I moved out of my parents house this summer and the costs were shocking. There was a lot I didn’t think about that I took for granted (a full pantry, internet, long showers). To be honest, living with a BF on a VERY tight budget will be hard. Way harder than you think, because money is so complicated and sensitive. Make sure you’re 100% positive you and this guy are a good fit (especially that you have similar opinions about money). Living together makes your money his and vice versa. If you don’t like the idea of thinking of your incomes as ONE income, you should definitely wait.

      All that said, I also think that if there’s a will, there’s a way. With moving out though, you need to have “The Way” planned out PERFECTLY, especially when money will likely be so tight for you two.

      My advice is to write out a very specific budget with your boyfriend. Make a budget for your first few months together, just to try it out (and be HONEST. Do you love your Starbucks every morning? Does he enter fantasy sports’ bets every month? Include that!). We have some awesome resources on MFA to help you think of everything. List everything you’ll spend money on (and the cost) and do some math to see where you would be at the end of your first month.

      If you’re coming up with extra money at the end of that budget exercise, you may be ready. If you’re negative, it’s a definite no-go until you can make a little more. It seems, based on my math problem at the beginning, that you should probably wait for now, unless you can pick up an odd job or find a cheaper apartment. Even with utilities included, there are many more expenses with your first apartment than you may realize.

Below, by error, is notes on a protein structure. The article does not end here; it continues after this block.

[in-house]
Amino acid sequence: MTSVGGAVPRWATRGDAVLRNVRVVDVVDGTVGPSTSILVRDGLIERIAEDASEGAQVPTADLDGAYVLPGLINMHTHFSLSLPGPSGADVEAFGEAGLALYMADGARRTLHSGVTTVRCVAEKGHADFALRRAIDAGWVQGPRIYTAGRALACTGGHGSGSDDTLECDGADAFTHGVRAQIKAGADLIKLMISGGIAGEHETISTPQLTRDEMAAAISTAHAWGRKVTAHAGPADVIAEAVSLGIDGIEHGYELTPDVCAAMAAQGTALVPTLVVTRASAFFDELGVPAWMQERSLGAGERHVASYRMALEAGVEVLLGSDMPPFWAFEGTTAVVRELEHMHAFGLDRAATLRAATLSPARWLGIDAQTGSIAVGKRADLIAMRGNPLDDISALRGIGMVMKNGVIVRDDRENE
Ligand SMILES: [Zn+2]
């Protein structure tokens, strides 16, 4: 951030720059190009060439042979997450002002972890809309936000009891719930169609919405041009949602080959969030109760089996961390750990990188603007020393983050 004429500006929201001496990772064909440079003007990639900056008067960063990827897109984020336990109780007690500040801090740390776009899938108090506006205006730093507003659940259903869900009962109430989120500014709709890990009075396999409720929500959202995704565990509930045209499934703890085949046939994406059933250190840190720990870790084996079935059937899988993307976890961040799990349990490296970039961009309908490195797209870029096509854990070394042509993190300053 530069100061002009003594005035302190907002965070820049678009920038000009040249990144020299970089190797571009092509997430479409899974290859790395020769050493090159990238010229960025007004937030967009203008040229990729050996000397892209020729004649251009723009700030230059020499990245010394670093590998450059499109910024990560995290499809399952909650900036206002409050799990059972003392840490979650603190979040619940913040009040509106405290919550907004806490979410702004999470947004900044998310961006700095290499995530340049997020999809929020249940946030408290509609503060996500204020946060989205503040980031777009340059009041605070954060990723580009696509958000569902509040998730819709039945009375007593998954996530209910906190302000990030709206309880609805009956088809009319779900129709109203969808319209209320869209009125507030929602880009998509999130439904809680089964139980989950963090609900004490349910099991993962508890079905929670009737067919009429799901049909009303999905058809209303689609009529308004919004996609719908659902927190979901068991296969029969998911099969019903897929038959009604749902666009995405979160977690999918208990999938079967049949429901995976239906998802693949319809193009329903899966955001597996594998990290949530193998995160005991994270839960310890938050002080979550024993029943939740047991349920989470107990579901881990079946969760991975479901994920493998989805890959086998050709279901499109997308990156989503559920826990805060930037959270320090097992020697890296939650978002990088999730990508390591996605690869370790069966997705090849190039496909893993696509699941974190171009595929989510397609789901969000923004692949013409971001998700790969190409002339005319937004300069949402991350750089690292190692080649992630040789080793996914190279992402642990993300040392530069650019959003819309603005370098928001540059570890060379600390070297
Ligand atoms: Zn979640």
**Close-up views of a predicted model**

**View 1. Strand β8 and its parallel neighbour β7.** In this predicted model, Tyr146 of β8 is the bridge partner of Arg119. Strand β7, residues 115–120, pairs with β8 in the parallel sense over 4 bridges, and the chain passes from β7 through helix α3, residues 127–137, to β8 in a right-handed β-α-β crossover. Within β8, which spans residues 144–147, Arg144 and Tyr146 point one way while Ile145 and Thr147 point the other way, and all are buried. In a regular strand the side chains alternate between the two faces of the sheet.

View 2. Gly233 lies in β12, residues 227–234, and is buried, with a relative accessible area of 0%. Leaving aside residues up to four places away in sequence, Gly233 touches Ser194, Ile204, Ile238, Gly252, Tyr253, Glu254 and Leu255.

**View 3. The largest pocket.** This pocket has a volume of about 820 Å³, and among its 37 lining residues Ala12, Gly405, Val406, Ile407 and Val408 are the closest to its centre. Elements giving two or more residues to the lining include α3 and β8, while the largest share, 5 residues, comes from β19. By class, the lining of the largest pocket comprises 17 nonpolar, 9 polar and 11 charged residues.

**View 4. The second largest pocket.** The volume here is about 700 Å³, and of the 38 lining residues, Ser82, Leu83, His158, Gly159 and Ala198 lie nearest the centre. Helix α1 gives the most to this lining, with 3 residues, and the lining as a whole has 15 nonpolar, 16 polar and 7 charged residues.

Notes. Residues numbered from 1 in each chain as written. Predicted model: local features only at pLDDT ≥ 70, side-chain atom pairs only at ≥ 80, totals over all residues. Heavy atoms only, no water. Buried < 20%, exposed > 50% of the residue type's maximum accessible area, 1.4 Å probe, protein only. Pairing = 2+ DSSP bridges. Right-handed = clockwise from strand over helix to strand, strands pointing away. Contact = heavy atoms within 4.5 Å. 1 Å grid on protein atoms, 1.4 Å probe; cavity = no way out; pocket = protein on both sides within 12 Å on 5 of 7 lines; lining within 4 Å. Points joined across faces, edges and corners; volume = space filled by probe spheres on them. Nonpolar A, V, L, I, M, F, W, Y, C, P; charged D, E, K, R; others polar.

Good luck!
      Sarah & the My First Apartment Team

      MFA budget help:
      http://www.myfirstapartment.com/2014/02/first-apartment-budgeting-basics-your-monthly-expense-checklist/
      http://www.myfirstapartment.com/2014/05/first-apartment-budgeting-basics-2014-edition/
      http://www.myfirstapartment.com/2014/03/how-to-keep-track-of-your-monthly-expenses/

      PS: I went through exactly what you’re trying to this summer. You can click on my name to learn more about how it went for me! Wishing you the best!

      Reply
  14. Deanna

    So what do you think the electric bill would be for a 800 sq ft apartment that is ALL electric. This is going to be my first apartment and I’m nervous about the utilities, def with it being all electric.

    Reply
    • Admin

      It depends very much on where you live. Will you be needing a lot of heat or a lot of air conditioning. Just as a starting point, figure out about $50 a month for basic lights, appliances and electronics. Then add the heat and a/c costs that could easily run another $100-200, depending on your location.
      However, your best source for a realistic estimate is your local electric company. You could also try to contact the previous tenants to find out what they paid. Let us know what you find.
      Good luck in your first apartment!

      Reply
  15. Lori

    Hi I just received a letter in the mail today from my rental office informing me that if I decide to renew my lease, in lieu of a rent increase I will be responsible for paying for my water usage which is included right now. Even though my lease isn’t up until 3/1/14 I need to let them know by 12/1/13 if I want to renew under those terms or terminate my lease. Does any of this sound strange to anyone? Also how much could I expect to pay for water in a 1 br apt. with a w/d and dishwasher? Would my rental office have an estimate for what I might pay a month for water?